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Lee S. Kreindler, a Harvard Law School (HLS) alum considered a pioneer in aviation disaster law, died Tuesday in Manhattan at the New York University Hospital. He was 78.
After graduating from HLS in 1949, Kreindler began his career as a partner with his father, Harry E. Kreindler, in the Kreindler & Kreindler Law Firm. Over the course of the past half-century he built the firm into a giant in the field of aviation accident law.
Kreindler represented the families of victims of the 1988 bombing of Pan American Flight 103, over Lockerbie, Scotland, in a case that Libya settled for $2.7 billion.
Later, he worked on a lawsuit brought by 50 families of the victims of Trans World Airline Flight 800, which crashed off the coast of Long Island in 1996.
Kreindler was one of the first to declare confidently that the tragedy was caused by mechanical failure, when many speculated a bomb or missile was to blame.
“TWA 800 exploded at 13,700 feet in calm weather. It would have taken a huge bomb to bring that plane down, and the larger the bomb, the more difficult it is to smuggle onto a plane,” Kreindler told the Harvard Law Bulletin in 1997.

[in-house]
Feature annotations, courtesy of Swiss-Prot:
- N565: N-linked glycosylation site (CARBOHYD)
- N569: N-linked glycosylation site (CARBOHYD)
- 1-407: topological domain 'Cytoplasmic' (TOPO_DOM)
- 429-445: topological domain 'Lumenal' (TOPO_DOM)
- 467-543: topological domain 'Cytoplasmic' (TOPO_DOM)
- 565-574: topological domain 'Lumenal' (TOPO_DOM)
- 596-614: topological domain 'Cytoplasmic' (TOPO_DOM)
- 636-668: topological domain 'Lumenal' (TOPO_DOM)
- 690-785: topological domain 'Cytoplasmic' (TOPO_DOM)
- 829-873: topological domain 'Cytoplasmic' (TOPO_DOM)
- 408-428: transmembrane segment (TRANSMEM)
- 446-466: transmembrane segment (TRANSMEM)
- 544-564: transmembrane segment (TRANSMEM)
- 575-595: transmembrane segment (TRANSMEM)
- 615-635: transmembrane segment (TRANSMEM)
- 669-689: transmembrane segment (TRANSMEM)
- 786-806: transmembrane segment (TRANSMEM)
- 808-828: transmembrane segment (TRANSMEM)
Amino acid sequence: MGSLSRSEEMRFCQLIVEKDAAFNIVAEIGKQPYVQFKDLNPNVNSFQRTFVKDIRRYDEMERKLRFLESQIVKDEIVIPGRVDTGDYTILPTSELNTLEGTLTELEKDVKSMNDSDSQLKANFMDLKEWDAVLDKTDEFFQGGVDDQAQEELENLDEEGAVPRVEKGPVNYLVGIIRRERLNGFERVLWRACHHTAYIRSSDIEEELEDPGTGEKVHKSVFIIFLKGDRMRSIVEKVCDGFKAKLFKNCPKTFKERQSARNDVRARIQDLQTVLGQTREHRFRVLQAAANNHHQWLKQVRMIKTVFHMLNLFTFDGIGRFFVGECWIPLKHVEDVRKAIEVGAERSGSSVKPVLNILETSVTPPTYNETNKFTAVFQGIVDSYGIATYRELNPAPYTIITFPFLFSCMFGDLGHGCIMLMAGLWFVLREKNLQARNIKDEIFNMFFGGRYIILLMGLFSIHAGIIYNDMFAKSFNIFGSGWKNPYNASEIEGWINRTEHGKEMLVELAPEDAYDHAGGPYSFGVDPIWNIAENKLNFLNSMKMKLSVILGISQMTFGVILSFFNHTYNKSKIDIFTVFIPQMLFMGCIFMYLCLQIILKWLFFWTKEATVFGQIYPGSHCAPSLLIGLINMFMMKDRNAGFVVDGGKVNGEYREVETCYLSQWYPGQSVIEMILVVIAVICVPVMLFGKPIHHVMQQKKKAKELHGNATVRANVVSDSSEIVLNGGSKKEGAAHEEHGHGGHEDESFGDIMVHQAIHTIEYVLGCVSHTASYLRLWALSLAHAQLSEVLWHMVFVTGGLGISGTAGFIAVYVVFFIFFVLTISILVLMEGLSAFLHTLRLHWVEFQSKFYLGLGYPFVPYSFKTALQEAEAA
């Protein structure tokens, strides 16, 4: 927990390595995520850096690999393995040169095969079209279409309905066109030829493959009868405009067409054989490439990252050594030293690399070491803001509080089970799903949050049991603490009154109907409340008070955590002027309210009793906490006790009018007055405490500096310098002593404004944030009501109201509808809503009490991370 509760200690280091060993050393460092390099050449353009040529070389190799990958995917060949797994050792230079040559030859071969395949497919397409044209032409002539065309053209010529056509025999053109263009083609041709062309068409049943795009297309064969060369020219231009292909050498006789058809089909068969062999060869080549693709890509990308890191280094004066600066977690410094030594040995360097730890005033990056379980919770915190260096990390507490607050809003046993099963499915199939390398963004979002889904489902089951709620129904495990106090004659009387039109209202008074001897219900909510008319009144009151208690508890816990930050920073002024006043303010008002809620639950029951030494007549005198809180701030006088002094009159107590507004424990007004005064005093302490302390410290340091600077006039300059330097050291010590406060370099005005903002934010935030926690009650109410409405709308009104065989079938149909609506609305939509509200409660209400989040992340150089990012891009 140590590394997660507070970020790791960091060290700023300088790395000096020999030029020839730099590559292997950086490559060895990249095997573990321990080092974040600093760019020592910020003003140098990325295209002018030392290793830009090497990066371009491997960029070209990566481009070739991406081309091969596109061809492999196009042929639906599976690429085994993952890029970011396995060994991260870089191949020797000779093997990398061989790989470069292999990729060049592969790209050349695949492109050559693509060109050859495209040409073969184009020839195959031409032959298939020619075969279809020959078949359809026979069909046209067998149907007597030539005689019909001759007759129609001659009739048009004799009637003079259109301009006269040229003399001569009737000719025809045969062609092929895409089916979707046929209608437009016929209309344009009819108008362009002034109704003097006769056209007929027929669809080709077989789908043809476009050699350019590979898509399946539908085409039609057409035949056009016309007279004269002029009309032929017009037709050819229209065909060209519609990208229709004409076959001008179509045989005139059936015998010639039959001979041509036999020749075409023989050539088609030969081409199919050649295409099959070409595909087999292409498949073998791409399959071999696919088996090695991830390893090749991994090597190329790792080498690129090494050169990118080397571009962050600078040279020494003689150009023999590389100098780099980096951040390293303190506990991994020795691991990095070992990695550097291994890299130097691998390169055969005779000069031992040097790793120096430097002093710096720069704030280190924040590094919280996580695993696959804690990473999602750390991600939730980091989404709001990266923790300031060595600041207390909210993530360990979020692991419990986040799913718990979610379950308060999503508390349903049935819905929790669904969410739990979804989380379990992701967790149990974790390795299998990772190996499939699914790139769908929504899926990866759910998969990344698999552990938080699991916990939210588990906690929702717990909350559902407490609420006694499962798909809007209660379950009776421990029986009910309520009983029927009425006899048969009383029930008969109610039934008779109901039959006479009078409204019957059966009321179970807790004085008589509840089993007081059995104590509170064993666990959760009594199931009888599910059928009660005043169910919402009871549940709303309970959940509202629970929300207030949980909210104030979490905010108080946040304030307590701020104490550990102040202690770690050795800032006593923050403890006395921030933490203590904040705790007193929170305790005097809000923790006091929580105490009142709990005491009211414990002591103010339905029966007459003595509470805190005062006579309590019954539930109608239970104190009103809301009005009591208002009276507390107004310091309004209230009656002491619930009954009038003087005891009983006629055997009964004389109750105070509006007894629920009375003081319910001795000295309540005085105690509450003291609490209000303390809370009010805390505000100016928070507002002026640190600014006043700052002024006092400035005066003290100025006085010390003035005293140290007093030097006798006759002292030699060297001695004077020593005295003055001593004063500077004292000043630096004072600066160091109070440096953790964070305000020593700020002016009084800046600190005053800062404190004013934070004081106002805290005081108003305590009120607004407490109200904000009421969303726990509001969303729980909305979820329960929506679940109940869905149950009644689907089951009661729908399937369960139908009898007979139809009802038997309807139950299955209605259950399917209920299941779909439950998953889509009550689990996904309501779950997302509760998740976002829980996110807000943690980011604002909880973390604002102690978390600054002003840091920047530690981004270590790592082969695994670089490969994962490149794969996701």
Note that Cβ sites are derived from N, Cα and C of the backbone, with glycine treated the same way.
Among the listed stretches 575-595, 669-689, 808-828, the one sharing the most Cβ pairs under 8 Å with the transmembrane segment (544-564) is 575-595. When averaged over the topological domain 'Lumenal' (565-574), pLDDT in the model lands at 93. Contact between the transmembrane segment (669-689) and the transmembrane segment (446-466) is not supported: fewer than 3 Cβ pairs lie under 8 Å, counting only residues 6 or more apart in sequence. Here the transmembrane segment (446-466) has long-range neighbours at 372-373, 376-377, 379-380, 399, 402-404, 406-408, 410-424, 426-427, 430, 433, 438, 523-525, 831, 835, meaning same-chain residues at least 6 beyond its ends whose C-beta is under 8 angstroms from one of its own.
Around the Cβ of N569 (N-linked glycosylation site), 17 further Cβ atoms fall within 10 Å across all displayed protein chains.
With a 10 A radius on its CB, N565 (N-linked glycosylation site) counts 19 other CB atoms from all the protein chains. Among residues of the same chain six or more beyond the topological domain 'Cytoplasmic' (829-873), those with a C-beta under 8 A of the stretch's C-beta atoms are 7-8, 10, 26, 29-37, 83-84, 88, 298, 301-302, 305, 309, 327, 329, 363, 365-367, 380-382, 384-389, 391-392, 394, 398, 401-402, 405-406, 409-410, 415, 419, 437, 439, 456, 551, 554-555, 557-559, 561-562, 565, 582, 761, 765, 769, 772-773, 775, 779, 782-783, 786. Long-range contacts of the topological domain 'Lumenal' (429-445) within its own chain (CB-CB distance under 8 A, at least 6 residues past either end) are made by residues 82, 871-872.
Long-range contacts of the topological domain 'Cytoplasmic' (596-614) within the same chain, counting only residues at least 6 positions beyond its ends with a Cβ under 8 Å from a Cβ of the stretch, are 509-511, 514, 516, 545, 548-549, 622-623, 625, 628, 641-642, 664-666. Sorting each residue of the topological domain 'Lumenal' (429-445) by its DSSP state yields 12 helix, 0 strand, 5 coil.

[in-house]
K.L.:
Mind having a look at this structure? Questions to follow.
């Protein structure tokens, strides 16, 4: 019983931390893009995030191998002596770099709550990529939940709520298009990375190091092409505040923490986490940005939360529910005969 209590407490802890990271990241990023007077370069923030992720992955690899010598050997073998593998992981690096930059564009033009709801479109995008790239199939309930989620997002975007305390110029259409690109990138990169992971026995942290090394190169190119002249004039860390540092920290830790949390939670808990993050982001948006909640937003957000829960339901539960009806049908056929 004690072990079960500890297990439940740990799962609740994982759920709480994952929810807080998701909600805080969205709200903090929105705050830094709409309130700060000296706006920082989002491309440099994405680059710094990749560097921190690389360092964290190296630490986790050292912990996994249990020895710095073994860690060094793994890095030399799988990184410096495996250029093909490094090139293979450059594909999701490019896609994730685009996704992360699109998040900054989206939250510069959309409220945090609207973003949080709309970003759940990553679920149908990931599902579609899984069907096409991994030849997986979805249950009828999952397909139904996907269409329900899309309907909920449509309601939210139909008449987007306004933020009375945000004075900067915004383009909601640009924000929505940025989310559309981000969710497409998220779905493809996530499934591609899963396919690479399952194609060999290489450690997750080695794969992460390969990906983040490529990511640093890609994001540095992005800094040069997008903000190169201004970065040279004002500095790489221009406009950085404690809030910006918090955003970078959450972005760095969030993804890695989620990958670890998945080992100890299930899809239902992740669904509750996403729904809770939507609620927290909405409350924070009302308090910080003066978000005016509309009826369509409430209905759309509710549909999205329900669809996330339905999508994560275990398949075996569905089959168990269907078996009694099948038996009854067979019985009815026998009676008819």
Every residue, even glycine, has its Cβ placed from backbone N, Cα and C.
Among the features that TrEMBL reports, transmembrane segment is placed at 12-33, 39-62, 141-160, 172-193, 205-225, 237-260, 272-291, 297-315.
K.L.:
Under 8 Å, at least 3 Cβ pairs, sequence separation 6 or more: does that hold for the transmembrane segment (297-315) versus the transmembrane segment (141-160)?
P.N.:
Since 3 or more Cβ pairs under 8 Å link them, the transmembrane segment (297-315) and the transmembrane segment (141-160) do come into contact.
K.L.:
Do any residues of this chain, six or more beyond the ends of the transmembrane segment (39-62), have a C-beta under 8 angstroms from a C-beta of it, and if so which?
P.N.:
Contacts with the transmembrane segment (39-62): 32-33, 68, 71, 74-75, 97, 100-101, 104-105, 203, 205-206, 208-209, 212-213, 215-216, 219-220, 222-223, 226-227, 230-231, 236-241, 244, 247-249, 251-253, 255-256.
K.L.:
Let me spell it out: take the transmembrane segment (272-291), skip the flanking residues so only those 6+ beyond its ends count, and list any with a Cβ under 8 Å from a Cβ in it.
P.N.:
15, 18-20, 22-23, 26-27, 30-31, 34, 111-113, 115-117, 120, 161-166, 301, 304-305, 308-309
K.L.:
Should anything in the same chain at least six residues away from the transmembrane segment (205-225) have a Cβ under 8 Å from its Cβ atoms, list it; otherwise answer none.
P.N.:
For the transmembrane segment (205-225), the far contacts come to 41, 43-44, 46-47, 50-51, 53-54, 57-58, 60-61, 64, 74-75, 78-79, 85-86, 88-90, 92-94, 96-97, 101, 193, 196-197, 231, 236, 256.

According to The New York Times, Kreindler once said of all of the major aviation tragedies in the last 50 years, “You name them, we were in them.”
Recently, Kreindler and his firm worked on securing compensation for victims of the Sept. 11 attacks.
Kreindler’s first air disaster case came in 1952 when a National Airlines DC-6 crashed in Elizabeth, New Jersey. For the case, Kreindler worked at an airplane maintenance shop to learn the design of the plane. The knowledge he gained from that experience helped him craft a propeller-failure theory that persuaded a jury to award what was then the highest award in an air crash suit to his client.
Kreindler is survived by his wife, Ruth, a son, James P., who is a partner in the Kreindler & Kreindler law firm, a daughter, Laurie Laster, a sister and seven grandchildren.
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